For Figgy and the President:
NSW Premier’s Literary Awards comments (link)
Figgy’s voice is one of the highlights of this fine novel, which carefully considers a range of issues including child abuse, slavery and disability. Figgy is empathetic, open-minded and brimming with gratitude while Nana is beguiling and lively. While the children’s lives and culture are specific to Ghana, the portrayal of children’s hopes and dreams is universal. As an Australian author writing about children and life in Ghana with integrity, humour and authority, Tamsin Janu has created an engaging, groundbreaking work.
Readings Independent Bookstore (link)
What’s so striking about Janu’s work is the complexity of story and emotion beneath her breezy prose…Both Figgy stories are ripe for sharing, at home or in the classroom, where Figgy’s sometimes confronting world can be further understood. They can also be read simply as a little girl’s adventures, by readers of 8 and over looking for a truly compassionate and funny companion.
Alphabet Soup Magazine (Matilda, 10 years old) (link)
I recommend Figgy and the President for ages 7+, and also for people who like an exciting adventure story.
Creative Kids Tales (link)
“Figgy and the President” is an inspiring story with a unique storyline. The book kept me reading chapter after chapter, with my eyes glued to the pages. Although this is the second book of Figgy’s adventures, it is still very understandable and extremely intriguing…This book would most likely suit children aged 8-12 as they would understand the plot and find the story fascinating.
Another powerful and moving story from Tamsin Janu, this is a great novel for middle primary students. It introduces the issues of social justice and opens students’ eyes to life of children in other countries. Figgy and the President is an excellent resource for Year 4 Geography as a literary focus on the importance of different environments to both people and other living things and as a study of one African country.
Boomerang Books (link)
Figgy is one of the most endearing characters I have ever met. She and her Ghanaian friends and family are so richly portrayed; it is a delight to be part of their adventures. The characters are complete enough that this tale could take place almost anywhere. That it is set in Ghana is merely an enriching added bonus. As with Figgy in the World, this story is full of warmth and originality.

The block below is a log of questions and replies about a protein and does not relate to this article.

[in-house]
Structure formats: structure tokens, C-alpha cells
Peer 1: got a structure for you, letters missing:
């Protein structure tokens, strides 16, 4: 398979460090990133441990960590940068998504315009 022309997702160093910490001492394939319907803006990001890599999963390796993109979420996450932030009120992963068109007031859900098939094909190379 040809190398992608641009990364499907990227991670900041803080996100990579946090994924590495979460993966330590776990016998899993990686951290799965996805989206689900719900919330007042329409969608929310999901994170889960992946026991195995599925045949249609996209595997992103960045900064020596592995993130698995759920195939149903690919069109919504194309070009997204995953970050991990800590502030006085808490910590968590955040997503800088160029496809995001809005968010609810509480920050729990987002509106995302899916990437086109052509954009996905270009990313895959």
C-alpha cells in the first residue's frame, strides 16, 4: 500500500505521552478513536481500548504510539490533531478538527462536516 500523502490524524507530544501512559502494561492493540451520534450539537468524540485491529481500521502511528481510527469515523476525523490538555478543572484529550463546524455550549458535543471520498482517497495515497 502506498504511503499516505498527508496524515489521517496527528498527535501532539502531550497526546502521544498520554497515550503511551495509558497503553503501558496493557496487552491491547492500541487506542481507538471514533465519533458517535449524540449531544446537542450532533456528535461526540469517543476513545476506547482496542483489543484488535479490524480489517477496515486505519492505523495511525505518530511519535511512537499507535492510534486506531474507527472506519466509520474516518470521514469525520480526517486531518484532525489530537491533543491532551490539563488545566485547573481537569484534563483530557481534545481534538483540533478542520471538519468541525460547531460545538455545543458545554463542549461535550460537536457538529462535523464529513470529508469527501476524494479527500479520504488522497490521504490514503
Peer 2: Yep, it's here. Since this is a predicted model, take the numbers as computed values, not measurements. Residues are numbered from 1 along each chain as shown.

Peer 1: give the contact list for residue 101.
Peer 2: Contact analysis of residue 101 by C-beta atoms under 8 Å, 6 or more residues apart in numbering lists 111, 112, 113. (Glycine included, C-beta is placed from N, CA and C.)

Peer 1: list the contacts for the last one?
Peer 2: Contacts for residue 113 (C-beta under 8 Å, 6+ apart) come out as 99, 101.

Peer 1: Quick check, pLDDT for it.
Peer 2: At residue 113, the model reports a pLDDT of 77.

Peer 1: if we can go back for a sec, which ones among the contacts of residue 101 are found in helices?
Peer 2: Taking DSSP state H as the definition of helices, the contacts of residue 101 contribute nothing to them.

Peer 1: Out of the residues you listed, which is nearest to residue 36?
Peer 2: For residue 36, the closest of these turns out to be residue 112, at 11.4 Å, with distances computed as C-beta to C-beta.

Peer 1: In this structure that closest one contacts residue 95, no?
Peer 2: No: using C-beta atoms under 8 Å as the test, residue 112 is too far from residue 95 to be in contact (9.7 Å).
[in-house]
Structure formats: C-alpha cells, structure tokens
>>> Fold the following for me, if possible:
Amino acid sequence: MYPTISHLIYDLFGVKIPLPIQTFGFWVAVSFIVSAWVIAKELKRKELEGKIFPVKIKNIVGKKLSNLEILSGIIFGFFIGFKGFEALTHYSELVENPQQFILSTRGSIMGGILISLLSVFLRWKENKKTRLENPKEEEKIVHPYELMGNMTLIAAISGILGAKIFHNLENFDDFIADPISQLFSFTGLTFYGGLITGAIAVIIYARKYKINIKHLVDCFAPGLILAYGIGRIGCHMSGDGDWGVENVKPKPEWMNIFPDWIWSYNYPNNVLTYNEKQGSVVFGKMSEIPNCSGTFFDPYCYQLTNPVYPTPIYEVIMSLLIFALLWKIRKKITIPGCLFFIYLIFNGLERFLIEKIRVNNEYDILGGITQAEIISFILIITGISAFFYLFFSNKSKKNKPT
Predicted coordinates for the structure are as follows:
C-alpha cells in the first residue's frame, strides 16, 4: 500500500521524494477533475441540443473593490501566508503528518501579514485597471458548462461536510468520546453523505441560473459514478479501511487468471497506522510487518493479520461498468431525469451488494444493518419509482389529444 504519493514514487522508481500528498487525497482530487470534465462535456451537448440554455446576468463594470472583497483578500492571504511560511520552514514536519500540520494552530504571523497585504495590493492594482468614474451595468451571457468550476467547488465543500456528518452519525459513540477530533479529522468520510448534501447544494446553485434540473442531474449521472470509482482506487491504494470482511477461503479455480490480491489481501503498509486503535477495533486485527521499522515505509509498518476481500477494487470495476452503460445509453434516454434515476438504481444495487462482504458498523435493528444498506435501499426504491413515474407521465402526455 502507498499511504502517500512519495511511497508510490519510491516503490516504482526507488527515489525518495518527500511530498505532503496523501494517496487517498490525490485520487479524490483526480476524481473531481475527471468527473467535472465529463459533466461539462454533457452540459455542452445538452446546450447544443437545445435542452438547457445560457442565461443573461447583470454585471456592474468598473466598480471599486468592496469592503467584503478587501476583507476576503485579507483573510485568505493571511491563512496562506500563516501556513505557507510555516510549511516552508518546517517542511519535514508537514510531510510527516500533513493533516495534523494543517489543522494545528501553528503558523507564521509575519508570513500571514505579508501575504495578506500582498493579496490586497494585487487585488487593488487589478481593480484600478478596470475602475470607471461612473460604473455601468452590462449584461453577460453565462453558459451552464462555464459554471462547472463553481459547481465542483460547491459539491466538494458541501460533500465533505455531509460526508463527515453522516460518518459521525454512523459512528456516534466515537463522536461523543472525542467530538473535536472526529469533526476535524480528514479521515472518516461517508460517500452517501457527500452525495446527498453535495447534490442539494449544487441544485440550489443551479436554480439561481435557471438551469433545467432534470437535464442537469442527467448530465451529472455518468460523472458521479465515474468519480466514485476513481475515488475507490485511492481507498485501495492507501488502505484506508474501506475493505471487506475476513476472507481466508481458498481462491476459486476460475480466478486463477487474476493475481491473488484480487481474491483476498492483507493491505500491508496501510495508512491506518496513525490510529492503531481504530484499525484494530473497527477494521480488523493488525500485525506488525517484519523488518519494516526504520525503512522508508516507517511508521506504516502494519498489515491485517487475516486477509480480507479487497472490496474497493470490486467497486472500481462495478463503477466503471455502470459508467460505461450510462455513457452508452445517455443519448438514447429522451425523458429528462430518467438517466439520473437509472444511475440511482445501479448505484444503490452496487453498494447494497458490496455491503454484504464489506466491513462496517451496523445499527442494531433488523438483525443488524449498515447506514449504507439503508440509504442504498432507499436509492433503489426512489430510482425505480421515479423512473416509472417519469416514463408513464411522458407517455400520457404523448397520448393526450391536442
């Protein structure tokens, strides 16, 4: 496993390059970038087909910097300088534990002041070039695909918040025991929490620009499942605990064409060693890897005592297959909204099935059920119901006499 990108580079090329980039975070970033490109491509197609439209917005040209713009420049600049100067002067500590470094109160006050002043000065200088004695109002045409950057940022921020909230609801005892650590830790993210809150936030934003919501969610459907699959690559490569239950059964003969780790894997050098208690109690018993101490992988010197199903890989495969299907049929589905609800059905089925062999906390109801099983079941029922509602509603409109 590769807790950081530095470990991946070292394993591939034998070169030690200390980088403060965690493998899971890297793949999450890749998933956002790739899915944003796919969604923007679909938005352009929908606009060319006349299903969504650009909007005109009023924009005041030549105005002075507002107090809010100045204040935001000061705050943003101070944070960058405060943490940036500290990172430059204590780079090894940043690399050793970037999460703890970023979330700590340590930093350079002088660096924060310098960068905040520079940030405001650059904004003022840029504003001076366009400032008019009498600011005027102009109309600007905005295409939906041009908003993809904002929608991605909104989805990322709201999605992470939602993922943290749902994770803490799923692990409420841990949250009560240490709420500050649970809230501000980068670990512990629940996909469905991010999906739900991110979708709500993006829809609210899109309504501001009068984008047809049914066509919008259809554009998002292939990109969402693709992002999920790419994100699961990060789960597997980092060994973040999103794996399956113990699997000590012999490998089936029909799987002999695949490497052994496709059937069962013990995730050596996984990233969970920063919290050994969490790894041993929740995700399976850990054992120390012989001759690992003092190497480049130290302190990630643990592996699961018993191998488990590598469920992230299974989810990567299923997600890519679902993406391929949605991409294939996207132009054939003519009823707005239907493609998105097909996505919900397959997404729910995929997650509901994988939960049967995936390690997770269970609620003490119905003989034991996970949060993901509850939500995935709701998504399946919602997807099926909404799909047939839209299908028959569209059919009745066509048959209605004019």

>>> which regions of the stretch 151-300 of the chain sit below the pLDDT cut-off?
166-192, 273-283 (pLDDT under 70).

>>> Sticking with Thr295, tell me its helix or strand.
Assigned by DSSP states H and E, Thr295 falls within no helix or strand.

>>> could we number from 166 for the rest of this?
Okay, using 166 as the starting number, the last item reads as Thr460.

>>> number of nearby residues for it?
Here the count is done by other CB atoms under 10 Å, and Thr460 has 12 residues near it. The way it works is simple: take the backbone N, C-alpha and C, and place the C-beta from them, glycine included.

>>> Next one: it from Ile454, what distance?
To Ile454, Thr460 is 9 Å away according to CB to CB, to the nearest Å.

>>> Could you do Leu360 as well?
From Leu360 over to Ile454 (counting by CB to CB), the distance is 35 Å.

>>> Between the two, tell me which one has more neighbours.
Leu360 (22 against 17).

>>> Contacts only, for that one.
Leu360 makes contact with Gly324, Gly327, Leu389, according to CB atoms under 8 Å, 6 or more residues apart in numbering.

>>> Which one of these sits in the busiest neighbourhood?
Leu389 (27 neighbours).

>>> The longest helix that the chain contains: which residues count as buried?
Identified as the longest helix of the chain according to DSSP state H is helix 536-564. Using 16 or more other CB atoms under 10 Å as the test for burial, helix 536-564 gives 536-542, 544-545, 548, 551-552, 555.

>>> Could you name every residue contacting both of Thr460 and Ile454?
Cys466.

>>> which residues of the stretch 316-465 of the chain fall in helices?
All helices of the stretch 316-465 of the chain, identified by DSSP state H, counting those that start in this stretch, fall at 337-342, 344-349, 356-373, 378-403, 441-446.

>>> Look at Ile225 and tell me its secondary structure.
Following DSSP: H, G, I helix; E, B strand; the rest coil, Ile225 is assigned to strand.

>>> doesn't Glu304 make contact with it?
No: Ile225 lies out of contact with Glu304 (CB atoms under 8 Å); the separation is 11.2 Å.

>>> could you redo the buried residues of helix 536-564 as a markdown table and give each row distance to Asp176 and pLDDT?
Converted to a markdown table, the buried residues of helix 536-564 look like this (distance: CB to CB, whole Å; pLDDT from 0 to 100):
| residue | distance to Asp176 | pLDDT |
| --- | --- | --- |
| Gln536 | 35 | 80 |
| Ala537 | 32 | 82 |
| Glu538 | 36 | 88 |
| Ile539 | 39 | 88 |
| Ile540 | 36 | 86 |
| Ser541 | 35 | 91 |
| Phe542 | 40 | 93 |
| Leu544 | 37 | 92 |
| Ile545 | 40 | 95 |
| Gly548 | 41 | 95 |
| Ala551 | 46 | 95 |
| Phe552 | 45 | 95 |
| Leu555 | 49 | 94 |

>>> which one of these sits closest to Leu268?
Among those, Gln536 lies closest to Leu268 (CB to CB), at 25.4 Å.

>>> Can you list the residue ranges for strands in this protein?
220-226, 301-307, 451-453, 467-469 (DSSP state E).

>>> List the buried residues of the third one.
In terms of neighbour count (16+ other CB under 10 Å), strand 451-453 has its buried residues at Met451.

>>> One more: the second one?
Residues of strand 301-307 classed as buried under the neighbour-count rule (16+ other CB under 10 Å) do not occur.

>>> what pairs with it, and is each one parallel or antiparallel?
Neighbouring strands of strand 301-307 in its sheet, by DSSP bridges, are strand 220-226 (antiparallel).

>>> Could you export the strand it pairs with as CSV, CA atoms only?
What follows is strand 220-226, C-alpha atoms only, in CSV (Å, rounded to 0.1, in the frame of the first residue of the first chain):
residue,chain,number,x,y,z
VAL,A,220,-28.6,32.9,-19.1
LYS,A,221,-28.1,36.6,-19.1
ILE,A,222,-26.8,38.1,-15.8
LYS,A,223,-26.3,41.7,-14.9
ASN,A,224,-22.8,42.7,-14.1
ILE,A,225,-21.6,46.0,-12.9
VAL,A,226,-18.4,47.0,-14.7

Reading Time Magazine(link)
Figgy is a compelling narrator. Her naive, wide-eyed curiosity and her attempts to make sense of her world (in which adult actions can be quite perplexing) should resonate in the lives of other children – even those from very different environments half way around the planet.
For Figgy in the World:
NSW Premier’s Literary Awards comments
Tamsin Janu came to write her debut children’s novel, Figgy, after spending three months working at a Ghanaian school and orphanage. Her first-hand experience has clearly infused her with an inspired understanding of a country where poverty and danger abound but where goodness and joy nevertheless course through the people. To be able to portray this world so vividly and engagingly is exemplary. To create so many distinctive and well-realised characters – including even Kwame the goat – is also remarkable. But to accomplish both with the impeccable clarity of expression necessary for appreciation by a young audience is truly a literary feat.
Australian Book Review (December 2014 issue): Books of the Year
…Figgy in the World, Tamsin Janu’s debut novel of an endearing young heroine and her pet who set off from her home in Ghana to walk to America to get medicine for her sick Grandmother.
Magpies Magazine (July 2014 issue)